Despite the disappointment, the story goes from one revelation to furthering another that emerged in the previous book. It seems strange that the final pages of Brightest Day #5 are being picked up near the end of this book, but at least it's being addressed. Mera revealed to Aquaman on the final page of that issue that she was sent to kill him. Clearly, she's got some 'splaining to do and no amount of make-up sex is going to make Arthur forget.

Mera goes onto talk about where she came from. Apparently, she's not exactly a proud bloodline. She comes from an underwater penal colony called Xebel and even though that sounds like a bad porno, it's a rough place to grow up. Hell, it's in the Bermuda freakin' Triangle. Mera's father, who happened to be king of this empire of deviants, trained her to be his ultimate weapon. That way when they did find a way out she could hunt down Arthur and taste the sweet nectar of revenge.

Unfortunately, the mission turned into a Disney movie. She fell in love with the guy. It may sound cheesy, but it's still kind of sweet. If anybody has even the slightest heart and isn't a total douche-bag, they'll see some merit to that twist. Comics aren't too cool for love stories. Except this love story almost soured when Black Matna killed her and Arthur's son. That act wasn't so much fodder for couple's therapy. It was an act of revenge from Mera's people. Not surprisingly, the one who attacked the oil rig in the last issue, Siren, turned out to be Mera's little sister. It seems like grounds for more revelations, but like the Firestorm plot it gets cut off. We don't see any hint of where that leads. It's like having a beginning and a middle, but when the end comes along the writer goes 'psyche!' It doesn't just end this scene on a downer, it makes this whole moment with Mera and Arthur a protracted conversation and there's only so much awesome that can be taken from that. It's not nearly up to the standards Geoff Johns has set for Brightest Day.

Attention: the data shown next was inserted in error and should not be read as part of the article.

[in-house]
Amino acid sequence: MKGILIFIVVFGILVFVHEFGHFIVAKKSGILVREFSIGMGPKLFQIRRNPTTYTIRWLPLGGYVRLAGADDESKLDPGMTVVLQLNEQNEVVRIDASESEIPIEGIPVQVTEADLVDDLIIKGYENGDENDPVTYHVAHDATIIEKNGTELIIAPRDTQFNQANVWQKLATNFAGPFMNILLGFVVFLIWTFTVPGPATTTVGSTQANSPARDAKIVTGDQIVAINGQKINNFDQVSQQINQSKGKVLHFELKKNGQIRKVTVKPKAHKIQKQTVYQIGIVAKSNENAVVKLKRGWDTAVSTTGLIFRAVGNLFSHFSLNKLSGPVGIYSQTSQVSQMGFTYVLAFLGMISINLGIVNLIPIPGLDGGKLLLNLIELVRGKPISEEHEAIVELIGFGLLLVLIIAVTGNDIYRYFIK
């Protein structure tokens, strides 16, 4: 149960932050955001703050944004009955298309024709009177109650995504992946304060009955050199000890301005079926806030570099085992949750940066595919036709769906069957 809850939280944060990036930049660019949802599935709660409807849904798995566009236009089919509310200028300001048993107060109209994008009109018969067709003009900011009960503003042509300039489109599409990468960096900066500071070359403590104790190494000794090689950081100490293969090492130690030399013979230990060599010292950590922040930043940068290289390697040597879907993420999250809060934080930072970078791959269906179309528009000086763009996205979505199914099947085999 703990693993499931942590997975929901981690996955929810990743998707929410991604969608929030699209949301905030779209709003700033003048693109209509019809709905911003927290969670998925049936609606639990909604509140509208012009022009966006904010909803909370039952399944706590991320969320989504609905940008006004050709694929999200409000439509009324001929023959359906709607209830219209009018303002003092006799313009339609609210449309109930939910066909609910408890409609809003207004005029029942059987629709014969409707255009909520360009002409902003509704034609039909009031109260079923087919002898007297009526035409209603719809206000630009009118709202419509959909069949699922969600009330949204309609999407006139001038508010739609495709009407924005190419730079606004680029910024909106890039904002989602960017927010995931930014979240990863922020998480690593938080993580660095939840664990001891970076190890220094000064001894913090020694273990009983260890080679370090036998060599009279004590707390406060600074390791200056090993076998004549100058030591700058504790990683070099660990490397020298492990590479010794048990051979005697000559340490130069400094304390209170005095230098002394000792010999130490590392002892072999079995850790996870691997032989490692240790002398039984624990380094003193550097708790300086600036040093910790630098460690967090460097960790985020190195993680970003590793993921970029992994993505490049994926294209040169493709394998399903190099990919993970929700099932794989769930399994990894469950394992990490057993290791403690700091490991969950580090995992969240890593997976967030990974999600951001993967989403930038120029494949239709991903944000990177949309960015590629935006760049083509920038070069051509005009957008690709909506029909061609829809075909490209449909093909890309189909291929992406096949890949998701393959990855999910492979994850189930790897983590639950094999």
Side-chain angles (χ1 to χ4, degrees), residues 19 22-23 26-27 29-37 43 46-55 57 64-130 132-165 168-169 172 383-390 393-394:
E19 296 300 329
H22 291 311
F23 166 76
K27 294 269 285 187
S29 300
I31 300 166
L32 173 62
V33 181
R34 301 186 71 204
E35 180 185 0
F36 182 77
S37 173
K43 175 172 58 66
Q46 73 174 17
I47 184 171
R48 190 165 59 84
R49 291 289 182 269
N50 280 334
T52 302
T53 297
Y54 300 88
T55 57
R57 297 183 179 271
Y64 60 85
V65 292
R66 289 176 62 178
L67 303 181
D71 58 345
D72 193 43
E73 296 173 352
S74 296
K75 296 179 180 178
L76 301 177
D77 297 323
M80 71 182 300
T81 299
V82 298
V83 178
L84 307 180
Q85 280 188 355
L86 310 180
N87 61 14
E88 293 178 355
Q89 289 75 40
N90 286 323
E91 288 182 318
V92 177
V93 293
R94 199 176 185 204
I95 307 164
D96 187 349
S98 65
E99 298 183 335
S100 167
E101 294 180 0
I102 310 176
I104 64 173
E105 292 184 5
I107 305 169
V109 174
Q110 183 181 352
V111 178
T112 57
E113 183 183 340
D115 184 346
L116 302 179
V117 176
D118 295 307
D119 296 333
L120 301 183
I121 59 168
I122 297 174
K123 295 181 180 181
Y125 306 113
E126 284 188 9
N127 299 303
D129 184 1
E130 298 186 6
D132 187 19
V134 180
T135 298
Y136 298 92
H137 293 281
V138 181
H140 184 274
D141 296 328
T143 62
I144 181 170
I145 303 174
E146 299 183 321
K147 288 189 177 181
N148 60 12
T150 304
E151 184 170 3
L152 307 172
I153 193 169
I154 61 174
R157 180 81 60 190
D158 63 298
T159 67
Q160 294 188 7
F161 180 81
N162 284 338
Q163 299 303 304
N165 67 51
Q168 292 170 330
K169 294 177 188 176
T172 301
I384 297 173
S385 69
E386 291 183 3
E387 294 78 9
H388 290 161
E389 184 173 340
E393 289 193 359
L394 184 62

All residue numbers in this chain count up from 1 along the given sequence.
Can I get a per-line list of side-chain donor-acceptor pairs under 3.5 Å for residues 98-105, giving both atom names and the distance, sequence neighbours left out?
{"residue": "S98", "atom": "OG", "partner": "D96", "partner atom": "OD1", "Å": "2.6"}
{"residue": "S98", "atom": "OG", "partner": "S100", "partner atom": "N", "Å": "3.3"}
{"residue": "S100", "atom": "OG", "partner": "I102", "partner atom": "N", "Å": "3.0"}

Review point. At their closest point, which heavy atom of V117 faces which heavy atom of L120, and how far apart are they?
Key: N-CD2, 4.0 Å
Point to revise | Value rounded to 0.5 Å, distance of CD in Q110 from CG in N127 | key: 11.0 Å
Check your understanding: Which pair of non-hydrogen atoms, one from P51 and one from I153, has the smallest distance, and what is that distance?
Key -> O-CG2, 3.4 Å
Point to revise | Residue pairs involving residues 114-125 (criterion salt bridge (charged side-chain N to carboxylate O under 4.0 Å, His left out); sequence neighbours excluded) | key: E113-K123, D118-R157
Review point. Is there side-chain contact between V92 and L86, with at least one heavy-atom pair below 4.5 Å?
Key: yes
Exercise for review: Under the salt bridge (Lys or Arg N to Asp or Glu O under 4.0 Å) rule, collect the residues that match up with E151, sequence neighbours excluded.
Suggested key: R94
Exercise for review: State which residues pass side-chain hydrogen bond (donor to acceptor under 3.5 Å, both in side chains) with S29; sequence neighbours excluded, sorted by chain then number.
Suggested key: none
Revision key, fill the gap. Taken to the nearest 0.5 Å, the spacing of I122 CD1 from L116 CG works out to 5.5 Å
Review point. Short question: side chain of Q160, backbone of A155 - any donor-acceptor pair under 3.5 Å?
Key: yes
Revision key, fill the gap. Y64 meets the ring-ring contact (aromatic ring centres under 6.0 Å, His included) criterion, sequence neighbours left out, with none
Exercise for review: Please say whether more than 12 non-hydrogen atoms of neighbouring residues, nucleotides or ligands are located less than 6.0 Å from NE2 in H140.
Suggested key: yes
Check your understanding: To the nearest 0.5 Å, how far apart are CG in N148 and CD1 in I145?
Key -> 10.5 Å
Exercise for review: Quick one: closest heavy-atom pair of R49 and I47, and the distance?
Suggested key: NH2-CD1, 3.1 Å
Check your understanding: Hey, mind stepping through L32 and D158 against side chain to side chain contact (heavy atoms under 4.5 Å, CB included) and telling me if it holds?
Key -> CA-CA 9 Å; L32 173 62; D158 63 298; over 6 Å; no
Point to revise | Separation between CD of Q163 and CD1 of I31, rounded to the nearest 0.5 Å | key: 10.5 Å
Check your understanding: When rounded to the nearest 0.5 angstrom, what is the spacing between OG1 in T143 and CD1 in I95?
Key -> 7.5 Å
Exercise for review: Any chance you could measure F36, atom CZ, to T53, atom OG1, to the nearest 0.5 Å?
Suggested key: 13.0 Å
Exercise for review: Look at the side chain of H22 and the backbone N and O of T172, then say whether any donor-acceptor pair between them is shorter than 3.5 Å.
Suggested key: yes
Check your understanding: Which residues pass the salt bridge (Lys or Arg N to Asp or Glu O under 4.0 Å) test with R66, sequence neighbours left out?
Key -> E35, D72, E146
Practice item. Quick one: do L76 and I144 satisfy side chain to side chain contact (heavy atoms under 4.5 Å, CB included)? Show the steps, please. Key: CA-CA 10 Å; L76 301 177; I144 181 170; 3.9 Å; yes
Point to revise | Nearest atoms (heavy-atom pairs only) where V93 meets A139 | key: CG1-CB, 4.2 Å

So that's 0 for 3 in terms of plot resolution. Is it possible that this issue of Brightest Day could falter in a way none has thus far? Well there is one more plot left to uncover and it's actually the same plot the book started with. J'onn J'ozz is still following the clues to the murders and he enlists the help of Oracle, Barbara Gordon, to investigate the murders. He has her hack through some networks as she's so good at doing to get some pictures and official documentation on the murders. They're pretty graphic, even for someone who used to be Batgirl. It's just the clue that J'onn needs because he finally is able to make a connection and it's about freakin' time.

There's no cut-off here. J'onn quickly flies full speed to some remote structure the Tanami Desert in Australia, which is probably the closest place on Earth that resembles the Martian surface. There, J'onn makes a shocking discovery that throws a serious curveball to his investigation. While trying to enlist the help of Miss Martian, he makes a terrifying discovery. Apparently, the killer got to her too and it looks about as pretty as a flaming stream of piss hitting a pile of shit. If you're going to end a comic in an awesome way, this is definitely the way to do so.

The plot with J'onn was a great way to tie the book together. It kept Brightest Day #6 from slipping into mediocrity, an unthinkable status for any Geoff John comic. It doesn't make the whole book perfect like the last few issues have been. Each plot in this book could have had some much more powerful revelations that left a bigger impact. But that didn't happen. Instead, there were just these hints about what the revelations were. It's like teasing with teasing, annoying as hell and insulting to a readers tastes. It still moved the plot forward, but didn't do so with the same impact as the previous issues.

There is still plenty of awesome here to make the next issue worth picking up. Brightest Day is still one of the best titles DC has been churning out since the end of Blackest Night. Any DC fan would be wise to pick this up. But factoring in the ridged standards Geoff Johns has set, I can only give this book a 3.5 out of 5. On it's own it could have a higher score, but in the context of the previous books it's necessary to bring it down a little. There is still plenty of potential for this book to pick up and continue the tradition of awesome that has so defined Brightest Day. This book slows down the train of awesome, but it doesn't stop it. That can only be a good for the awesomeness of the DC Universe.